The dominant economic activity in the world will be information based and Bennett states that this is economic development is moving beyond the corporate model that has dominated the nineteenth and twentieth centuries. The new economic model will exemplify by organizations that links entrepreneur, financiers and marketers. Those nations that encourage entrepreneurship will dominate and the Anglosphere world leads in that area.

As America begins to lead the world in the early part of the new century, there is a movement toward democratic governance. Bennett observed, “It is clear that prosperous states are rich because of the strength of their civil society, and that peaceful states are peaceful because of the strength of their civic statehood, not the other way around.”

Strong civil societies are the reason for the success of modern market economies and political states, not the other way around. What ensures whether democracy takes hold is the development of a strong civil society. As a civil society develops complexity, then democracy will emerge. As the move toward democracy occurs in the Middle East, the development of a civil society on the ground will ensure the success of a market economy and democracy. As Bennett observes, “Absent that civil society, importing the mechanisms of democracy- the forms and rituals- results only increasing one more set of spoils for families and groups to fight over at the expense of the rest of society.”

In the nations that form Anglosphere, Bennett notes, “Market economy is more than the absence of socialism. It is more than the absence of interventionist government; it is the economic expression of a strong civil society, just as substantive democracy is the political expression of a civil society and civic state.” While there is no rule that democracy and market economy need to exist side by side but they often do. What matters is a civic society and understanding that government is but one player in society and part of a greater society. Religion, private charities, and corporations of varied sizes as well as political parties are all players in society that interact with one another. A strong civic society sees individuals creating and working in a variety of enterprises.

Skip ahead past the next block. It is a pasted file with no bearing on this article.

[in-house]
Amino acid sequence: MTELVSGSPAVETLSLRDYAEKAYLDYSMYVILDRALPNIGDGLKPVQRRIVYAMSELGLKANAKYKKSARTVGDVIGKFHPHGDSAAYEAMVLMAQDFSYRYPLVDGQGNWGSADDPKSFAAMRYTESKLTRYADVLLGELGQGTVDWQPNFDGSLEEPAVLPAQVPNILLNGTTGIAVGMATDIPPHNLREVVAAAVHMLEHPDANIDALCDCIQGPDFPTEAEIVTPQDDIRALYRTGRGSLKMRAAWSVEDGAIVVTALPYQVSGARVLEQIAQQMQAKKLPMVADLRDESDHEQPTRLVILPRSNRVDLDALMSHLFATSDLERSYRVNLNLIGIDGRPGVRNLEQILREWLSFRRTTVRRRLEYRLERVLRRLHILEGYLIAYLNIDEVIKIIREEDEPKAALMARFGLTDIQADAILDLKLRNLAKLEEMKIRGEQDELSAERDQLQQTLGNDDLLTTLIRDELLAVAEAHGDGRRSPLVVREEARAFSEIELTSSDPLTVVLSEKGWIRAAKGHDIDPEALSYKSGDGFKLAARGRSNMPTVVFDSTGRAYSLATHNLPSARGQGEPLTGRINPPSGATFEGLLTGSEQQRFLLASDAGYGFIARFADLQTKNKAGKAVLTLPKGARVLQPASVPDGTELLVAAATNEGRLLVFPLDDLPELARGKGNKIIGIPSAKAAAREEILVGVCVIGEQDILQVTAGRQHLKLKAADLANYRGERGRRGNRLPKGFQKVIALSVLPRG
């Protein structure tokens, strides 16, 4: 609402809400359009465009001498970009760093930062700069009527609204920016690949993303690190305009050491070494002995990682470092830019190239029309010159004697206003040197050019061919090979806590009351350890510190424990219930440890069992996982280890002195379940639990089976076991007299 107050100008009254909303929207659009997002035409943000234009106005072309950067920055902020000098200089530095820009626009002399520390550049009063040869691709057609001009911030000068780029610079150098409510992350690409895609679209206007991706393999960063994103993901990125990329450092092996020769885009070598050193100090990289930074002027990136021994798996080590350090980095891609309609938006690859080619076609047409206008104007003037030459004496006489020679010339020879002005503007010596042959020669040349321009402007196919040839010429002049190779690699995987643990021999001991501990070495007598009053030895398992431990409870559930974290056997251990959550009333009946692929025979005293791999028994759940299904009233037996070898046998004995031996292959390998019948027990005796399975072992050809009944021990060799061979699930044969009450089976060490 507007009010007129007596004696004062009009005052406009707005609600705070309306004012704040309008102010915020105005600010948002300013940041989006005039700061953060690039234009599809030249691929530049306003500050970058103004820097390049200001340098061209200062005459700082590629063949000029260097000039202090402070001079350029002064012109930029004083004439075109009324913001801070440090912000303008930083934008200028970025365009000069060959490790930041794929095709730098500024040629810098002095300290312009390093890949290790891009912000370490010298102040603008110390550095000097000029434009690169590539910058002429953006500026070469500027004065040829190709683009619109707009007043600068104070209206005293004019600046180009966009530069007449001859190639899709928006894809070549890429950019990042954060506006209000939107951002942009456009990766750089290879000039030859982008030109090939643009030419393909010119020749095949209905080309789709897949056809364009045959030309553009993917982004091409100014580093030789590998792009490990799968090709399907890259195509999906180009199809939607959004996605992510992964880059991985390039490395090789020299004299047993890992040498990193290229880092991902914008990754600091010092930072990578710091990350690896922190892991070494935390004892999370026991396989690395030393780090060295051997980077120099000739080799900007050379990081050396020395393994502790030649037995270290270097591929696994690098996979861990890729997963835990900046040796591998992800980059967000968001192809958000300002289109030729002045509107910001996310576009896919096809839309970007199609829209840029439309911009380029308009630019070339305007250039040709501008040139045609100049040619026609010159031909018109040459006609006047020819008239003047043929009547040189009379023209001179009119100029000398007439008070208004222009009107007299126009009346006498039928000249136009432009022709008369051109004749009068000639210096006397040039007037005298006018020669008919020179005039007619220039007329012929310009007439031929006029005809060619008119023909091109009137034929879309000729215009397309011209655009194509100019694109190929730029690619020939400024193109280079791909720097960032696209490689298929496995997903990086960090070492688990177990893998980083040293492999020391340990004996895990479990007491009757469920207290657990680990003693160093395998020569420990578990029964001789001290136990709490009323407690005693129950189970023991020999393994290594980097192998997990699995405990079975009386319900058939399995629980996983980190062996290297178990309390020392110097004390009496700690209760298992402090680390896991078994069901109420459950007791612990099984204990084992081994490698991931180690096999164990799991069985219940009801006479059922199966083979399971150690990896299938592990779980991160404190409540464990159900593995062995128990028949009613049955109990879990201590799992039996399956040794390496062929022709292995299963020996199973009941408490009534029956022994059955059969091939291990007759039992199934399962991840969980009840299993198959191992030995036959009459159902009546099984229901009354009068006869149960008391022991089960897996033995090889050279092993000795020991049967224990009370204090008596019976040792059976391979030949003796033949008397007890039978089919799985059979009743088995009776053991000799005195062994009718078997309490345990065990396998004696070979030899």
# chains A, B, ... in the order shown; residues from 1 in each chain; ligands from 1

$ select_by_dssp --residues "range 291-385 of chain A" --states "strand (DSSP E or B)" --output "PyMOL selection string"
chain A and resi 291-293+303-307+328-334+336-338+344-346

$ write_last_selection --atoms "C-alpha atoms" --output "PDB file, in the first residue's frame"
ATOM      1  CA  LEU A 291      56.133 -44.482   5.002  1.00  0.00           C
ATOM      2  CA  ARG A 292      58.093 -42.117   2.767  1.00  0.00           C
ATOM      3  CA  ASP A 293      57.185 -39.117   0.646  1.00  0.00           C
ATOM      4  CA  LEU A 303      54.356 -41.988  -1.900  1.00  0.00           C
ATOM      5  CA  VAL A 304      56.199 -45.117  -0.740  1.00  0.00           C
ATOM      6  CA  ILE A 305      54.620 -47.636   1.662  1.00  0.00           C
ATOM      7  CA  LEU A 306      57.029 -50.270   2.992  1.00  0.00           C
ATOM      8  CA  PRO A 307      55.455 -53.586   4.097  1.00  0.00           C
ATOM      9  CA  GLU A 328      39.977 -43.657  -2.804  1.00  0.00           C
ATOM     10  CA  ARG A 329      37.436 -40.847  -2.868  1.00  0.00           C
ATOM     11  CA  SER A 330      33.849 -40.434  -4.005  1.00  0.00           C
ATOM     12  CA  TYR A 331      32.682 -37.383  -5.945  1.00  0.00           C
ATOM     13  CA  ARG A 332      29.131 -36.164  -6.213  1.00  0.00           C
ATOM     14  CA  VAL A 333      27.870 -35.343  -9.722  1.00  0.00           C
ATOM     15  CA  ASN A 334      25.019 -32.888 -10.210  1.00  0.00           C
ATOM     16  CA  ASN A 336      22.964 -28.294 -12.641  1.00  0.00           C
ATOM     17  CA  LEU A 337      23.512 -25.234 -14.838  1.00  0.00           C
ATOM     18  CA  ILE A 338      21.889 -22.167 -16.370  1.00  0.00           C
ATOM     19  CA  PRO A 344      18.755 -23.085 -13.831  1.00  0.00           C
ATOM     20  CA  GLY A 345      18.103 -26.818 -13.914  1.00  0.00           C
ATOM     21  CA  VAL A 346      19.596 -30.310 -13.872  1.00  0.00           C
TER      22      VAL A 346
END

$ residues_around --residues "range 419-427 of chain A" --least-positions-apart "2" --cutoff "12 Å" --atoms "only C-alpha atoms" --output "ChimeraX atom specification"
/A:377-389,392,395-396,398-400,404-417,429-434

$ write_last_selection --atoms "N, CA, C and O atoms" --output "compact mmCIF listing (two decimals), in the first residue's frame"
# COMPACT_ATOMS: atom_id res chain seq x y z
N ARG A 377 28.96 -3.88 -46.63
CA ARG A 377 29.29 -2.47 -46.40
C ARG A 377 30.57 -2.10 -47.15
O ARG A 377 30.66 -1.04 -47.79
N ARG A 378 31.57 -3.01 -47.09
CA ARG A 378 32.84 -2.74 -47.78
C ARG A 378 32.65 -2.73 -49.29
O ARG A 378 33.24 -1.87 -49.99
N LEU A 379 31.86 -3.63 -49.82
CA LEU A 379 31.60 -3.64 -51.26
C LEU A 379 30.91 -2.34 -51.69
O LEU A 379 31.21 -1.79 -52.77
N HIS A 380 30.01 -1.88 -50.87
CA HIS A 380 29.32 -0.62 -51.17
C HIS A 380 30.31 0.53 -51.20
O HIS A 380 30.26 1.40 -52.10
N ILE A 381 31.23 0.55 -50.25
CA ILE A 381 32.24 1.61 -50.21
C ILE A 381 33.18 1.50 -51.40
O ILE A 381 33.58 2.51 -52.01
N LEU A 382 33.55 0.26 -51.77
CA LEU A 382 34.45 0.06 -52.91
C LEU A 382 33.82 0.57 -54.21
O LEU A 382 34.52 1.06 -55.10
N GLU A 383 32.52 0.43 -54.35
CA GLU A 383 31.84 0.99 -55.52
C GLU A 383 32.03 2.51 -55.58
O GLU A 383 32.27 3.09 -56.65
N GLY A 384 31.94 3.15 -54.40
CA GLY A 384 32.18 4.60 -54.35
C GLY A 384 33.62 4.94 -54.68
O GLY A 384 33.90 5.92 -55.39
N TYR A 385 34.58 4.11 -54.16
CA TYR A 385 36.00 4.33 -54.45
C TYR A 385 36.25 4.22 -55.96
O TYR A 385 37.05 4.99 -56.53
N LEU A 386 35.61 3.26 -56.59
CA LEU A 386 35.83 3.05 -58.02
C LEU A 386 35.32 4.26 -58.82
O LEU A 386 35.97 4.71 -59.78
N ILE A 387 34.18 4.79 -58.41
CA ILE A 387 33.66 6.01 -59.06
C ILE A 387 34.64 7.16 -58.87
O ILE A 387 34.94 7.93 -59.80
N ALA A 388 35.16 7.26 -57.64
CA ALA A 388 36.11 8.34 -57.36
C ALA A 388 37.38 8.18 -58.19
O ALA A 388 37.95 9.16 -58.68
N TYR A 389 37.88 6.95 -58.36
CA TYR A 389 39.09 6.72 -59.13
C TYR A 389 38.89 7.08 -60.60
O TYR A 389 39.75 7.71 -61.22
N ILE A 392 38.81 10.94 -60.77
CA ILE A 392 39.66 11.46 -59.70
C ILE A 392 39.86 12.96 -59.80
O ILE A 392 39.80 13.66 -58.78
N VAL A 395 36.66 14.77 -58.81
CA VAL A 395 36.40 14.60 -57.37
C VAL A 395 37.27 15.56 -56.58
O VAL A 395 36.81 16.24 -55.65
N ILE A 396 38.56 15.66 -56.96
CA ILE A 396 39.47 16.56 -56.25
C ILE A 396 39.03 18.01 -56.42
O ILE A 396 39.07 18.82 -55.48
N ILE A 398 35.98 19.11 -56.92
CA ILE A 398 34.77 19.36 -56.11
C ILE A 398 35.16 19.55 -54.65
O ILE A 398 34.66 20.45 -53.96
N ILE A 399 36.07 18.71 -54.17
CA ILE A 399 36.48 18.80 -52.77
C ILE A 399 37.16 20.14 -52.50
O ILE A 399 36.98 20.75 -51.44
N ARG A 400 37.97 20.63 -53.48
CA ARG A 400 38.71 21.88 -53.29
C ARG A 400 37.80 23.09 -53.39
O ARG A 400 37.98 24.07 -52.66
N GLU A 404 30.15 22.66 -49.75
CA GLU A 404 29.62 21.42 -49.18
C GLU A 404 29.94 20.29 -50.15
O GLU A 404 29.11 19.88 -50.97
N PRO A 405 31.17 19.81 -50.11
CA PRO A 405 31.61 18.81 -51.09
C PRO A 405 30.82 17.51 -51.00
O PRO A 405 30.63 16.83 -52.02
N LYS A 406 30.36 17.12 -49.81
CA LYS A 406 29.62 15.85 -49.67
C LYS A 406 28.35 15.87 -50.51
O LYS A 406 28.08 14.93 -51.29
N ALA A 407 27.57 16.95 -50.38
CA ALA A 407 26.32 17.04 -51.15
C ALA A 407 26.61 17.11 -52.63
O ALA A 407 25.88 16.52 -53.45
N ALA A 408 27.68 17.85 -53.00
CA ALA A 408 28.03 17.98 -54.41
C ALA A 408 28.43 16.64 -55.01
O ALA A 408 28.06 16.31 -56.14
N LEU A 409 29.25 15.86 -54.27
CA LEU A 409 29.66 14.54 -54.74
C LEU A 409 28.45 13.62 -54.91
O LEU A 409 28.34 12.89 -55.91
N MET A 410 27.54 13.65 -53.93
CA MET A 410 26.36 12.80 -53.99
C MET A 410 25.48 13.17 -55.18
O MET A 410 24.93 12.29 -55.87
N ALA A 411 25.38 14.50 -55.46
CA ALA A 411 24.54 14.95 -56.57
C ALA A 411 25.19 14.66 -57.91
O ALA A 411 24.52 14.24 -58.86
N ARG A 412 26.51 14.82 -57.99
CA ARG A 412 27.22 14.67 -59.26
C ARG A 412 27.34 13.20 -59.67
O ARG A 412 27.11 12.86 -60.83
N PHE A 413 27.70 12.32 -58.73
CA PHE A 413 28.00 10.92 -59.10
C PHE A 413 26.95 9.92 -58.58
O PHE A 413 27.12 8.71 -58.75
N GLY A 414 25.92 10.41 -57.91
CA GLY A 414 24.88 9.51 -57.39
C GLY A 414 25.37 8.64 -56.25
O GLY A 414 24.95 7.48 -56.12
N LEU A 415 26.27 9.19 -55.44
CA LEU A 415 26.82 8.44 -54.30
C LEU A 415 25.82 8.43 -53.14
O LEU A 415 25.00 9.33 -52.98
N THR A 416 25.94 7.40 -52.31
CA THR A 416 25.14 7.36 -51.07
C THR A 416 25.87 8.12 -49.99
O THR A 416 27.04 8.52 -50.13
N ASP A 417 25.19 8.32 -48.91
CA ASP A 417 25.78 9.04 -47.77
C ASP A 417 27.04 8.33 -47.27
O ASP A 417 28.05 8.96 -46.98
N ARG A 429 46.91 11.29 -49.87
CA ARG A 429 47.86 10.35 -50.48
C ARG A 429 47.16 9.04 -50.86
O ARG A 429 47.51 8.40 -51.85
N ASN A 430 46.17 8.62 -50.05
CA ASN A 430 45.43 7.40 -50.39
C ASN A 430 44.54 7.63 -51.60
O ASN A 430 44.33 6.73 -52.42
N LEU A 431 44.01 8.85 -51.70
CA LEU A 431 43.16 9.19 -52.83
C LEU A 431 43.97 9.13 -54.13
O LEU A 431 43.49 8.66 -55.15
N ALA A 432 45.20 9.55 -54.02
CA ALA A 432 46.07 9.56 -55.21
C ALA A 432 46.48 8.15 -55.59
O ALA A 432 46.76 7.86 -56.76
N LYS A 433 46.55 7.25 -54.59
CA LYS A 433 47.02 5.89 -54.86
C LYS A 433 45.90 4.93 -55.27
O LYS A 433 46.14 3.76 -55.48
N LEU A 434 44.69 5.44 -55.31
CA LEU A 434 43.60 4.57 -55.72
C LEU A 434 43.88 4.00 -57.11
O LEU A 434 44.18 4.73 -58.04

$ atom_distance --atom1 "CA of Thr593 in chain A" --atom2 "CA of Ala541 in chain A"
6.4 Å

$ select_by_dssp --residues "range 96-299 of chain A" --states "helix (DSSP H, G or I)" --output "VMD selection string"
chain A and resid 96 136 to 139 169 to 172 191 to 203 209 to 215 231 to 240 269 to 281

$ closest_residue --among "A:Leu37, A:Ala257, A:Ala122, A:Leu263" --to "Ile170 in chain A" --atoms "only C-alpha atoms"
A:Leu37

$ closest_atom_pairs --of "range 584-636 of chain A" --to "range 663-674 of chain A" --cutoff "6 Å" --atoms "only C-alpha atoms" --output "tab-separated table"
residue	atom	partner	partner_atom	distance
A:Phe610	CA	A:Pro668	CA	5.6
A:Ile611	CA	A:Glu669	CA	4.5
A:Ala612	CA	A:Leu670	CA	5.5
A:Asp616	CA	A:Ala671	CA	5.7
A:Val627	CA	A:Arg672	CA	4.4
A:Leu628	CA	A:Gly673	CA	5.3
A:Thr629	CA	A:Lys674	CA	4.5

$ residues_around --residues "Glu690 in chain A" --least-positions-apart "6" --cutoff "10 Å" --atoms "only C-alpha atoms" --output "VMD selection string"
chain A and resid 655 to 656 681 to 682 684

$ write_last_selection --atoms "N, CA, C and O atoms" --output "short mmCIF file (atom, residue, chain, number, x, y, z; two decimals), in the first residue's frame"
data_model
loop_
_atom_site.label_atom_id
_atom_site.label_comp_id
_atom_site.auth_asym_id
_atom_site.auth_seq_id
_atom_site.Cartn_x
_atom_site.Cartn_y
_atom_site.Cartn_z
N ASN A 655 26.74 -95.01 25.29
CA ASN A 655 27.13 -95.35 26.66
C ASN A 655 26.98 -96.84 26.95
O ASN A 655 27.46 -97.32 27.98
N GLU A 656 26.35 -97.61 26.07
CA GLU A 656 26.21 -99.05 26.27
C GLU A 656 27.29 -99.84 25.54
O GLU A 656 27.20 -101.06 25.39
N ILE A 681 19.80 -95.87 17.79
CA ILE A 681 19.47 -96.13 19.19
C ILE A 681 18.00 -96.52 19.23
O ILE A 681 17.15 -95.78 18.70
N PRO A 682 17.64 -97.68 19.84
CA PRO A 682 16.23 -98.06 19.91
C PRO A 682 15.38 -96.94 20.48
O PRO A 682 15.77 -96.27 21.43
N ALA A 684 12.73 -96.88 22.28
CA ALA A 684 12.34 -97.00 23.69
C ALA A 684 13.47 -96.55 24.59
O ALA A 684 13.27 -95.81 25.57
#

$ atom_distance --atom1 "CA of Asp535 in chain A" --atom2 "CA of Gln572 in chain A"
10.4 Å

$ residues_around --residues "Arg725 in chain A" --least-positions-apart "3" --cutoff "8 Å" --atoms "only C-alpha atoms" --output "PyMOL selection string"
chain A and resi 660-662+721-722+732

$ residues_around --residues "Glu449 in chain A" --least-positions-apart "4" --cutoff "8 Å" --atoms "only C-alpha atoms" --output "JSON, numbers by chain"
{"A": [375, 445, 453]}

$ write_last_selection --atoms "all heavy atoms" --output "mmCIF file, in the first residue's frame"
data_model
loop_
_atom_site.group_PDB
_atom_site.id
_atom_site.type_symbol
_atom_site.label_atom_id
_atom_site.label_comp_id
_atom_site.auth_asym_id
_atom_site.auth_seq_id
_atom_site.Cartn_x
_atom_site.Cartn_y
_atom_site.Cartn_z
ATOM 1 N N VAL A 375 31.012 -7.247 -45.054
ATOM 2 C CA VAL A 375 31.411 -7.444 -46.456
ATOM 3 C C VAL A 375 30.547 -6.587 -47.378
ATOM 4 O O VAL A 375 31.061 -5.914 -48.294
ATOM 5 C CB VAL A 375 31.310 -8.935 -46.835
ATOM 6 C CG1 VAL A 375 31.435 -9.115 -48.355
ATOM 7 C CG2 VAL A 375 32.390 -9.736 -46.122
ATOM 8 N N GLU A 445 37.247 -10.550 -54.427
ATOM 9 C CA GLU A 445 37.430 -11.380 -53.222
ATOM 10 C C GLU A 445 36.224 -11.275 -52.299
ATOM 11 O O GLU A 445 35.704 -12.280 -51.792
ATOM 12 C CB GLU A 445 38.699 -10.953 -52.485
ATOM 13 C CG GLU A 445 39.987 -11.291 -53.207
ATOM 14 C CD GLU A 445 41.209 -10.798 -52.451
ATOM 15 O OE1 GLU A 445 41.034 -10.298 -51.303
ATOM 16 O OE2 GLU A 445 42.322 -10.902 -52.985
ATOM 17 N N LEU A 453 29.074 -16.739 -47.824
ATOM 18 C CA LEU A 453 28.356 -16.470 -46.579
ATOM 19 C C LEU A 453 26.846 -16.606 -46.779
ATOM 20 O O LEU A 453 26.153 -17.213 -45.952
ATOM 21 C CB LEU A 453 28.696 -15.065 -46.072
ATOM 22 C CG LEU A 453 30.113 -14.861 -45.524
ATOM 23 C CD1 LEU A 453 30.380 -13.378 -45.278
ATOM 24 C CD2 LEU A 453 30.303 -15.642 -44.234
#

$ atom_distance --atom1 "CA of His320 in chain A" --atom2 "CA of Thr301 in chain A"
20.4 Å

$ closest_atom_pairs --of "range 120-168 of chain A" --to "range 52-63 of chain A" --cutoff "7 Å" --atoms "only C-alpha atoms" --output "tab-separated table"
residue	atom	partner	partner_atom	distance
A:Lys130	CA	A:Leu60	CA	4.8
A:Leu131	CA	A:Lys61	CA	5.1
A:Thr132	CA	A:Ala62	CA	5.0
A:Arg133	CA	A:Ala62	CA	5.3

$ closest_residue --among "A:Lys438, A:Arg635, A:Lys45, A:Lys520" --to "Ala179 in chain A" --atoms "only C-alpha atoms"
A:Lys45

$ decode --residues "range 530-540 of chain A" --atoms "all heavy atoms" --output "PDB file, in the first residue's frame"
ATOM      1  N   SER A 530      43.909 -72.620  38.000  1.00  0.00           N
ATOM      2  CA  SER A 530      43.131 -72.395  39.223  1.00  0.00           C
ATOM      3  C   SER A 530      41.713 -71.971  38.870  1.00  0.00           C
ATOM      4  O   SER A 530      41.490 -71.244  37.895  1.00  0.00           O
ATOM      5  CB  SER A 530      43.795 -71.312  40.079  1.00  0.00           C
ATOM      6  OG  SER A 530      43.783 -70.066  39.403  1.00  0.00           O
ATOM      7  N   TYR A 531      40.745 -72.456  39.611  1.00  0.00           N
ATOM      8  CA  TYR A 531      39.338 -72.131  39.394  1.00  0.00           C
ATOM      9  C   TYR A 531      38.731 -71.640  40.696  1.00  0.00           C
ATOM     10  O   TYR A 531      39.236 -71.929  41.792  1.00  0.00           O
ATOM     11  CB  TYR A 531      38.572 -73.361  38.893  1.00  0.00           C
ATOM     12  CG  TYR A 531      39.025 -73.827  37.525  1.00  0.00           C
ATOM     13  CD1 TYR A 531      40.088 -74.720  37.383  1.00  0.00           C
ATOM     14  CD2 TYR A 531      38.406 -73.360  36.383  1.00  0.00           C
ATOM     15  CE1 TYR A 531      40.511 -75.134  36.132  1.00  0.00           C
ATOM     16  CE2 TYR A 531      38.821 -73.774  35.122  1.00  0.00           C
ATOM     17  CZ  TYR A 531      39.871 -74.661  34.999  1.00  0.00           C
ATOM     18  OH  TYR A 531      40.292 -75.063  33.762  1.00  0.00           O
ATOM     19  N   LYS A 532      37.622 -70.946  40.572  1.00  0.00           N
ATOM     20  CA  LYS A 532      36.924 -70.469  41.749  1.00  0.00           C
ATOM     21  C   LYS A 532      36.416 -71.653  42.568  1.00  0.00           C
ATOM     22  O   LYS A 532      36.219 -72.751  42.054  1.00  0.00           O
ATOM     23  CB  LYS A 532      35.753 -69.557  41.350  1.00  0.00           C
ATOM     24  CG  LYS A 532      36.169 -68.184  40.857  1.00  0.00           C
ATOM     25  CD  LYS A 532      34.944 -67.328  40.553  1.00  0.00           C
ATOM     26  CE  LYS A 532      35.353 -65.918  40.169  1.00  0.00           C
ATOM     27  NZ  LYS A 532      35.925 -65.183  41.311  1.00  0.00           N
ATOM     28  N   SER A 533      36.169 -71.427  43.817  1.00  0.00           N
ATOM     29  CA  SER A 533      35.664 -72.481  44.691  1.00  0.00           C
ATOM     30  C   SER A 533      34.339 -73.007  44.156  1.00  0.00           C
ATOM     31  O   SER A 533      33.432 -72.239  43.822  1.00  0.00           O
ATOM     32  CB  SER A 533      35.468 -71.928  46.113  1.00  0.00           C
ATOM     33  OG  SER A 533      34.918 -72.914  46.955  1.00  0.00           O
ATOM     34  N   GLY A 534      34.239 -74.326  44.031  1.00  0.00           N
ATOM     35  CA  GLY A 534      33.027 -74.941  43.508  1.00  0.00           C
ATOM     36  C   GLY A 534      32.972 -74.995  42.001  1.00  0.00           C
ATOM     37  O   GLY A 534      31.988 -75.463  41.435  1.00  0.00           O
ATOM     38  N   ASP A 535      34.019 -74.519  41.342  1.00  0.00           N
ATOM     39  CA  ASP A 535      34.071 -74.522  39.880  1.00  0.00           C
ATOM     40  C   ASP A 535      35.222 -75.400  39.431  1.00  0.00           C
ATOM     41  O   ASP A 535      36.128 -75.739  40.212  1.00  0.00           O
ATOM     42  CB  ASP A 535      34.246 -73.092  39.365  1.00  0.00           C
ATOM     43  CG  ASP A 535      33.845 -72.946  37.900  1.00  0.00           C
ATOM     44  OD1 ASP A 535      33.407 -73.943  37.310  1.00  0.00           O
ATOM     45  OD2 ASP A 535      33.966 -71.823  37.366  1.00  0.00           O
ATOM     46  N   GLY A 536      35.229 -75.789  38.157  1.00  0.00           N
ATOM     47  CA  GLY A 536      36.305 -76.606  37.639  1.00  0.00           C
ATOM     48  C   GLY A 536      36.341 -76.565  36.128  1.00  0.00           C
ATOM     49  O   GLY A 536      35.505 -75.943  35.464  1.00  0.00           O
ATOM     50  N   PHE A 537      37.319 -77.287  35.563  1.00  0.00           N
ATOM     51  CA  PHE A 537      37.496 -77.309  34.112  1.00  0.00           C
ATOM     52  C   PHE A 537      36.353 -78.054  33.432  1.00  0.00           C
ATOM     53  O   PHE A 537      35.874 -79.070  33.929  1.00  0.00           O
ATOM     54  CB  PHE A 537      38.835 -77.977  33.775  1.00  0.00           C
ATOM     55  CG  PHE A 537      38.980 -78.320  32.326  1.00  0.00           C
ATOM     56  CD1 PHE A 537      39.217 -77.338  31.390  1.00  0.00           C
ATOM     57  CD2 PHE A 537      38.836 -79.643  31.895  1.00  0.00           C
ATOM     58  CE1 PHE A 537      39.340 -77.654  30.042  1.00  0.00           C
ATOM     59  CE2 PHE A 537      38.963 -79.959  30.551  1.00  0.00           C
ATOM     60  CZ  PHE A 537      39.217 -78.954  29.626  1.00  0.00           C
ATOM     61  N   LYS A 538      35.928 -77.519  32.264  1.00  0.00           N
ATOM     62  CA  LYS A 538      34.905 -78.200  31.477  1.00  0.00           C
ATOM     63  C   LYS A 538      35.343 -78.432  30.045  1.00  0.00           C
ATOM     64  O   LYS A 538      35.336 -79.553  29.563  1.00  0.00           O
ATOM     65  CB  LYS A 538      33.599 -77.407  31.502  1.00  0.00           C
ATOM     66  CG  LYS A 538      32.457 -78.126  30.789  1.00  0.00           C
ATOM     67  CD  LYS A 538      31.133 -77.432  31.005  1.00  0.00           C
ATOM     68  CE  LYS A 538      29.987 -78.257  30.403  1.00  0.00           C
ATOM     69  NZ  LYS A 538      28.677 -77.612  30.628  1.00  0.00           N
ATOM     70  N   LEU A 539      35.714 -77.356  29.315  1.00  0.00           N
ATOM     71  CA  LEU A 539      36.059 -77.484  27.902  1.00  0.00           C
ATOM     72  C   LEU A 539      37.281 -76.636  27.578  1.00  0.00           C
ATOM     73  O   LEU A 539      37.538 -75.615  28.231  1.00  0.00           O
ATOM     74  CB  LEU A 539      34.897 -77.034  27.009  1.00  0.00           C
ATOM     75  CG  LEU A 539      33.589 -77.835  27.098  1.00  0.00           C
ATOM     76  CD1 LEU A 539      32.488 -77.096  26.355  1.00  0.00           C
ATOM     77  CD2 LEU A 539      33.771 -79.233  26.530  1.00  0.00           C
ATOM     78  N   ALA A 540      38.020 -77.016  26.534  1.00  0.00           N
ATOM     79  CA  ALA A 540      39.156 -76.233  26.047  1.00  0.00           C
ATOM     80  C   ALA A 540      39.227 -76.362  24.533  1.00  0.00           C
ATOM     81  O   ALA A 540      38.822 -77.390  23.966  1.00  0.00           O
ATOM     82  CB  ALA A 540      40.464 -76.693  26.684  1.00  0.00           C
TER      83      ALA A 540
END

For the Anglosphere nations, strong civic societies had their roots in the medieval Europe. In Medieval England, the modern day society was built upon mix of “tribal, feudal, local, church family and state institutions” and the lack of a single overwhelming power capable of dominating. From the Magna Carta, English princes and barons made it clear to the royal crown that they had rights and this ideal became rooted in English custom and eventually making it way across the Atlantic. When civic society is strong, government can be limited to specific duties since welfare can be provided through private aid as well as public aid.

The weakness of the non-English speaking nations is not the lack of creativity on the part of their people but the political institutions in place retards growth. Even in the old Europe such as France and Germany, entrepreneurial spirit is frustrated by bureaucratic inertia. And as Mr. Bennett notes, “It is likely that the Anglosphere will continue to pull away from Continental Europe and Japan.”

The Rule of Law and Anglosphere

l’Angleterre en effet est insulaire, maritime, liee par ses echanges, ses marches, son ravitaillement, aux pays les plus divers et sovent les plus lointains. (England is indeed insular, maritime, and tied by its exchanges, its markets, its supply with the most diverse and often most remote countries.)
Charles DeGaulle, vetoing British membership in the Common Market, January 14, 1963.

The American Constitution is a document whose existence is rooted in a wider constitutional tradition derived from Britain. From the Middle Ages to the present, there is a continuity and stability that under girds the Anglosphere. James Bennett observes that a business lawyer in New York would recognize the common law code of Australia or England. The lawyer would know the problems while dealing with any issues across the Pacific or Atlantic in a fellow Anglosphere nation.